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Best Training Practices
Will Kenny
3927 York Ave N
Robbinsdale, MN 55422

Is Collecting "Best Practices" A Best Practice?

better performance or stronger resistance?

(reprinted from The Training Tipsheet)

One of the most common sources of training activity in large organizations is "spreading best practices". This is the notion that different departments, or different geographic locations, might have slightly different ways of doing things, and that the best of those approaches can be identified and then standardized across the other units.

My experience is that upper management and executive staff often love the idea of "best practices". And the employees on the front line hate the phrase.

Look at how best practices flow around a large company, and you'll rarely see an even distribution. More typically, one or two units -- whether defined geographically or functionally -- tend to generate the best practices for everyone else. Except for those couple of units, everyone else is on the receiving end.

That leads to a perception that "outsiders," to some extent, are telling the receiving units what's wrong with how they do their work, and how to fix it. While a few exceptional organizations may manage to collect and spread best practices fairly and effectively, in many more companies, the "Best Practices Program" is just another annoying top-down feel-good effort that gets minimal real support from the front line employees.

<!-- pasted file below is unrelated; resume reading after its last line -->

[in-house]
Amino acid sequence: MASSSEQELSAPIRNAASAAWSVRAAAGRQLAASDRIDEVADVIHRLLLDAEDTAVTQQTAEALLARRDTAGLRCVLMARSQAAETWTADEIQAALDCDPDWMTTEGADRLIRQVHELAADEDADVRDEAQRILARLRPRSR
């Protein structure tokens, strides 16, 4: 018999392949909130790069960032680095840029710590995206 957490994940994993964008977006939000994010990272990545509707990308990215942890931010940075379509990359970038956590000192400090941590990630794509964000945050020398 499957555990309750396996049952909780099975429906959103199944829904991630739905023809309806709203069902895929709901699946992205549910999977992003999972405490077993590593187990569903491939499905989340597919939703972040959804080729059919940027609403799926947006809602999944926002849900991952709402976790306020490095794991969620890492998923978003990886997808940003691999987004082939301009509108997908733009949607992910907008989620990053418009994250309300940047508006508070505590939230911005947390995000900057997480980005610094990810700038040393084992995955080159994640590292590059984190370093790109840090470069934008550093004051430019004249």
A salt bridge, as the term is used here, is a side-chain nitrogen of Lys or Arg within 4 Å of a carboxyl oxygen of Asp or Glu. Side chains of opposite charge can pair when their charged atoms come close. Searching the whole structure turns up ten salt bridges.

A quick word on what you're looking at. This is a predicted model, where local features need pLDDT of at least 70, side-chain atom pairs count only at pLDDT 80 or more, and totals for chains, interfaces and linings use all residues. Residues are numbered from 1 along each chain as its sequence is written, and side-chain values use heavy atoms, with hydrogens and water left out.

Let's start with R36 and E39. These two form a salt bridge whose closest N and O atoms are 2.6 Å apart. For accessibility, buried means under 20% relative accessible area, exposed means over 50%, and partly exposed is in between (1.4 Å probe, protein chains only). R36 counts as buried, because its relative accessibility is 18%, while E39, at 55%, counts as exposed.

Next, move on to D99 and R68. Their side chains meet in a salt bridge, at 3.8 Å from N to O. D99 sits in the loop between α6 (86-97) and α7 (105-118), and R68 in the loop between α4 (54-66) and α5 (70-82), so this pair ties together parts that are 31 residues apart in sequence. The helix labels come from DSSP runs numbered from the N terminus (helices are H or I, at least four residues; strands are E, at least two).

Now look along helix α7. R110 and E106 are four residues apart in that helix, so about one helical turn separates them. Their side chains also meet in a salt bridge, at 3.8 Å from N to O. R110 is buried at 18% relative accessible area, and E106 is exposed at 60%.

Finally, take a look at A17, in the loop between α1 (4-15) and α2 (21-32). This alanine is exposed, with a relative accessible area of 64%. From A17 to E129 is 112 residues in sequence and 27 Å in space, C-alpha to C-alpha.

Contributing to that lack of interest, on the receiving end, are the "coincidences" associated with those one or two units that generate a disproportionate share of official best practices. After all, it is just coincidence, is it not, that most best practices come from a unit that is:

  • Working in the biggest office, or biggest market, of all the facilities of the company; or
  • Located in the same region as most of the executive staff of the company; or
  • Based in the ancestral home, the original starting point, of the organization; or
  • Delivering the hottest product or service for the company, at the moment.

Why does this matter to the training function? First of all, it sets you up for, if not failure, at least for disappointing results. "Best practices" sounds like such a sensible approach that it is easy to assume that everyone will embrace the program.

But the devil is in the details, and best practices programs frequently evolve into programs that breed indifference at best, resistance at worst.

Your training staff work at the junction of the top-down and bottom-up views of any given best practice. If the best practice really does apply well to other units, your professional skills and enthusiasm can help overcome the bad taste the phrase "best practices" often brings with it.

If it needs some adaptation to work in the new location or function, again, your training expertise can be invaluable.

And if it is a bad fit, if it is more about power and influence and wishful thinking than it is about making the entire organization more productive and effective, your courage in bringing feedback and recommendations to executive management can make a valuable contribution to the future success of your company.

© 2013 Best Training Practices -- Will Kenny

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